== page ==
7 The actuary highlights several points in favour of confirming the scheme: first, that the Australian policyholders of the applicant will retain the same financial security they had prior to the scheme; secondly, that because North’s Australian branch is a new entity that will take on all of the assets and liabilities of the applicant’s Australian branch, there is no change in the risk profile of the Australian business that would be relevant to the interests of Australian policyholders; thirdly, that the capital adequacy ratio of the applicant’s Australian branch is considered appropriate; and fourthly, there will be no changes to processes or policy terms as a result of the scheme.
8 Additionally, the Australian Prudential Regulatory Authority (APRA) has indicated that it does not object to the proposed scheme and the orders. The evidence disclosed that APRA has been closely involved in the oversight of the scheme and, indeed, appeared at the earlier dispensation hearing. The evidence to which I was taken by Mr Izzo SC demonstrated an exchange between APRA and those acting for the applicant, which shows close attention was paid to the details of the relevant scheme. It hardly needs remarking that the non-objection of APRA, as the government regulator charged with ensuring that insurance businesses are conducted in such a way that the legitimate interests of policyholders are protected, is a matter from which the Court can (and in this case does) draw significant comfort: see Application of Sompo Japan Insurance Inc. under the Insurance Act 1973 (Cth) (No 2)  FCA 677 at - per Yates J; ACE Insurance Ltd, in the matter of ACE Insurance Ltd (No 2)  FCA 1258 at  per Gleeson J. This sense of reassurance is reinforced in circumstances where the evidence discloses that APRA has been closely engaged in detailed analysis in relation to the scheme.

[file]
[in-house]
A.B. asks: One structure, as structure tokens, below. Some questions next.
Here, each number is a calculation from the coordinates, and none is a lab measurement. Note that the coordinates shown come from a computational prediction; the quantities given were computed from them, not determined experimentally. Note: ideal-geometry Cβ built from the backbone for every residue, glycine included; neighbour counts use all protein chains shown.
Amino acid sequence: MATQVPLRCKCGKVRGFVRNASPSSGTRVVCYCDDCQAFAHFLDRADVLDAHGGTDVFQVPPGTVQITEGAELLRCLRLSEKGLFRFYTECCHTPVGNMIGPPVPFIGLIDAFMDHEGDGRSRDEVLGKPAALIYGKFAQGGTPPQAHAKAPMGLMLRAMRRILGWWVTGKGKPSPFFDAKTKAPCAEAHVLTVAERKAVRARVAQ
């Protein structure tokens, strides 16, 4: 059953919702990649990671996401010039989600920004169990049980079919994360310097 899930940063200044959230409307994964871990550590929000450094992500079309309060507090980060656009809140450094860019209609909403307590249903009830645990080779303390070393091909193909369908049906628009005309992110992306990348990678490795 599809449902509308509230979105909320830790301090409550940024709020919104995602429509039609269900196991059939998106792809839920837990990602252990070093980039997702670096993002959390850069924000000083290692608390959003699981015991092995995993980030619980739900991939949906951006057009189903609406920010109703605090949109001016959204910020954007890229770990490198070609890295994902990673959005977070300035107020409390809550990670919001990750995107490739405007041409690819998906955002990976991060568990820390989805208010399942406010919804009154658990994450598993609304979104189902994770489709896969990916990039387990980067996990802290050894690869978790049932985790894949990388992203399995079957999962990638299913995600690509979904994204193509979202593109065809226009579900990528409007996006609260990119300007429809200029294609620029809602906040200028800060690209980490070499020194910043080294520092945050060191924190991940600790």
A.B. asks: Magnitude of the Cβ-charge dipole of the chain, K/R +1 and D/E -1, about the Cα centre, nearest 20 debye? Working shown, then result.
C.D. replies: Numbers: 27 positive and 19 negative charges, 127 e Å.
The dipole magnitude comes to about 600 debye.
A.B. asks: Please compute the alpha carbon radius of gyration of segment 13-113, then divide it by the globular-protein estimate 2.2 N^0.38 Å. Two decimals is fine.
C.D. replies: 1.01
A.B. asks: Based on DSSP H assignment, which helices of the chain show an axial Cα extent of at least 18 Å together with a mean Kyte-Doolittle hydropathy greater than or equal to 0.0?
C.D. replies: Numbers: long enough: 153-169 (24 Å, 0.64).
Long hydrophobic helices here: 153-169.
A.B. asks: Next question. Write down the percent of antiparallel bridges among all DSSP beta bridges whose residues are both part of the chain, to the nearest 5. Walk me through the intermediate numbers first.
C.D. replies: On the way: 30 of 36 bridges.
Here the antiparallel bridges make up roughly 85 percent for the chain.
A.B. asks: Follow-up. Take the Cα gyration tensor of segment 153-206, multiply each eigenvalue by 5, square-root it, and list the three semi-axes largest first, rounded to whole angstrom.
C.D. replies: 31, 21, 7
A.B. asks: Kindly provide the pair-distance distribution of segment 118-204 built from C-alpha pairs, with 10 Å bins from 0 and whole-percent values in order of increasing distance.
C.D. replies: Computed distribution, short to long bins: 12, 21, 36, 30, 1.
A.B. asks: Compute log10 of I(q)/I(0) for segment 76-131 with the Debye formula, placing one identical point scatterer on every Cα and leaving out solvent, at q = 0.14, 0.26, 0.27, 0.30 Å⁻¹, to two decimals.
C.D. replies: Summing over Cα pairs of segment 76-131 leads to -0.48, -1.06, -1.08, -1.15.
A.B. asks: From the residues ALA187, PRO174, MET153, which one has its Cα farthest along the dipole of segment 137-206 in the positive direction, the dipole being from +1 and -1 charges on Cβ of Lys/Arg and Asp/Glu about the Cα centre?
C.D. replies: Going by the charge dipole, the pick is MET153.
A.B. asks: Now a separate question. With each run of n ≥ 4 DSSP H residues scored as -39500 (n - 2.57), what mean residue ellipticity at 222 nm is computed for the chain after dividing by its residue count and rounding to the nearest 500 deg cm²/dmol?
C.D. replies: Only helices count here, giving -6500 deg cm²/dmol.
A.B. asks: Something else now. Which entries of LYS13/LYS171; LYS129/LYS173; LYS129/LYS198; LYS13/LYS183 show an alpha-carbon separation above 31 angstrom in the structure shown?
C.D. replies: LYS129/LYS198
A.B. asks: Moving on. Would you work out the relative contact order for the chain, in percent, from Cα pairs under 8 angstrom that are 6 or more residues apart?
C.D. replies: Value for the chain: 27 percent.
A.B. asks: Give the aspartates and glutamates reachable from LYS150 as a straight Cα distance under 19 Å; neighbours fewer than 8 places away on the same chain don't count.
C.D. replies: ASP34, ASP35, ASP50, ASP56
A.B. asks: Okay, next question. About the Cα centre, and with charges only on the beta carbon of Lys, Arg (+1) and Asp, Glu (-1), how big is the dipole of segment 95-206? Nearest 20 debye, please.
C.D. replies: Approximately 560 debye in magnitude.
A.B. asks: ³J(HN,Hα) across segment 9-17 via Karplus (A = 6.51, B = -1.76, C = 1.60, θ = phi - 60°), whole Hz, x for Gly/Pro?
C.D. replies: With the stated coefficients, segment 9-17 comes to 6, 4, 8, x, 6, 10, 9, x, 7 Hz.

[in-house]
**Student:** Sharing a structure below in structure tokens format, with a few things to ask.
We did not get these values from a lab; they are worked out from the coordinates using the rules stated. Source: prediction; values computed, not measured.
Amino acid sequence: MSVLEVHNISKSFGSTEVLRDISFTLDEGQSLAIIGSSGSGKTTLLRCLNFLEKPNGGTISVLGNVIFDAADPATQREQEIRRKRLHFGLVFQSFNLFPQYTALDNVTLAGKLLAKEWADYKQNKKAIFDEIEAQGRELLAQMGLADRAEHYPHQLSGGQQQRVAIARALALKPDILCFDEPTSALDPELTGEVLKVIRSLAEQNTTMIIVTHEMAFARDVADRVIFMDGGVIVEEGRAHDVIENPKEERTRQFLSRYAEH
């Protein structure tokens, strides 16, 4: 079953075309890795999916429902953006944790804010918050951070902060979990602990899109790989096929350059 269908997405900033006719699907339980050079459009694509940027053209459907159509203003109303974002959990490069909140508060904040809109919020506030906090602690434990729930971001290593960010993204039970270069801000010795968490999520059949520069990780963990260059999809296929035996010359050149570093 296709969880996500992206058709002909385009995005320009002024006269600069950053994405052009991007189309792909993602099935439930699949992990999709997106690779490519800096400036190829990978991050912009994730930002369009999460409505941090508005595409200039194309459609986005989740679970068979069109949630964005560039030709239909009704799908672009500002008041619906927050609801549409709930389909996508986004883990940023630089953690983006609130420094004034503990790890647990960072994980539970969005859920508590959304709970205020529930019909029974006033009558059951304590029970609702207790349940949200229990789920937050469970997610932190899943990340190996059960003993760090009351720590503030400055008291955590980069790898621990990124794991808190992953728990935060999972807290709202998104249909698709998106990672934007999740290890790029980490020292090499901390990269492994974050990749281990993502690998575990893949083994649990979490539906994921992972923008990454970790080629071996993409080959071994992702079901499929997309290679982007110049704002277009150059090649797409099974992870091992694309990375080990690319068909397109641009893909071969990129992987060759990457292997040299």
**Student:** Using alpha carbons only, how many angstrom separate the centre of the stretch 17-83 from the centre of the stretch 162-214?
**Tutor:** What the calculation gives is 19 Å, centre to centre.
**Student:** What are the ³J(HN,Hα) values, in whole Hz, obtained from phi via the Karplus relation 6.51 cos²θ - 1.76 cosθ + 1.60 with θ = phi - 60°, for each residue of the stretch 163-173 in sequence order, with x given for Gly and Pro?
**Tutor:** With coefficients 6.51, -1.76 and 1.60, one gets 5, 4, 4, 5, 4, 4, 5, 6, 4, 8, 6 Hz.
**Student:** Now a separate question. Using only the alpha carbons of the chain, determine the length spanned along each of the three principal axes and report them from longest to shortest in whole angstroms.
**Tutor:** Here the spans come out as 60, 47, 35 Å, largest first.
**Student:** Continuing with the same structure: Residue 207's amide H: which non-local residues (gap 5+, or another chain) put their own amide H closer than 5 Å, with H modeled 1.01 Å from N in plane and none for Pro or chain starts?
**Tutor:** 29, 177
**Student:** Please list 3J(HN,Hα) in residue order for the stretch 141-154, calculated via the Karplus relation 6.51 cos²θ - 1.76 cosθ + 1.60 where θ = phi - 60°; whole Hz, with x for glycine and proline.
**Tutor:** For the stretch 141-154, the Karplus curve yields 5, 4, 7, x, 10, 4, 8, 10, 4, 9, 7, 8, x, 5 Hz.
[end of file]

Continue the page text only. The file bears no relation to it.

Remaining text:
9 The evidence also discloses that orders made on 20 April 2018 have been the subject of compliance. In particular, a comprehensive summary of the scheme was sent to each of the policyholders identified in the relevant policyholder register. The applicant was not notified by any interested party that they proposed to attend the confirmation hearing and oppose the scheme. Consistently with this, when the matter was called on, it was called outside of court three times and there was no appearance. The scheme summary made specific reference to the right of policyholders to appear at the confirmation hearing and noted that the application for confirmation of the scheme would be made today. The lack of objection to the scheme by affected policyholders (in circumstances where the evidence establishes that they have been given an adequate opportunity to do so) is also a matter which weighs in favour of confirmation of the scheme.
10 The evidence discloses that the conditions precedent to the scheme have been satisfied save for the requirement that ASIC issue North with an Australian financial services licence (AFSL). The affidavit material discloses that ASIC has issued a draft AFSL and has indicated that it will issue the ASFL on a final basis when provided with evidence that the scheme has been confirmed.
11 In short, there will be no changes in processes or policy terms as a result of the scheme. The employees of the applicant and its subsidiary, Marine Insurance Australia Pty Ltd, have become employees of an Australian registered North group service company, and will continue to provide the same services and perform the same roles as they did before the applicant’s Australian branch prior to transfer. In circumstances where there has been no material changes to the policies and procedures of the applicant’s Australian branch prior to transfer, and taking into account the other material to which the applicant has directed attention in its submissions, I am satisfied the implementation of the scheme will not detrimentally affect policyholders in a material way and that the orders sought should be made.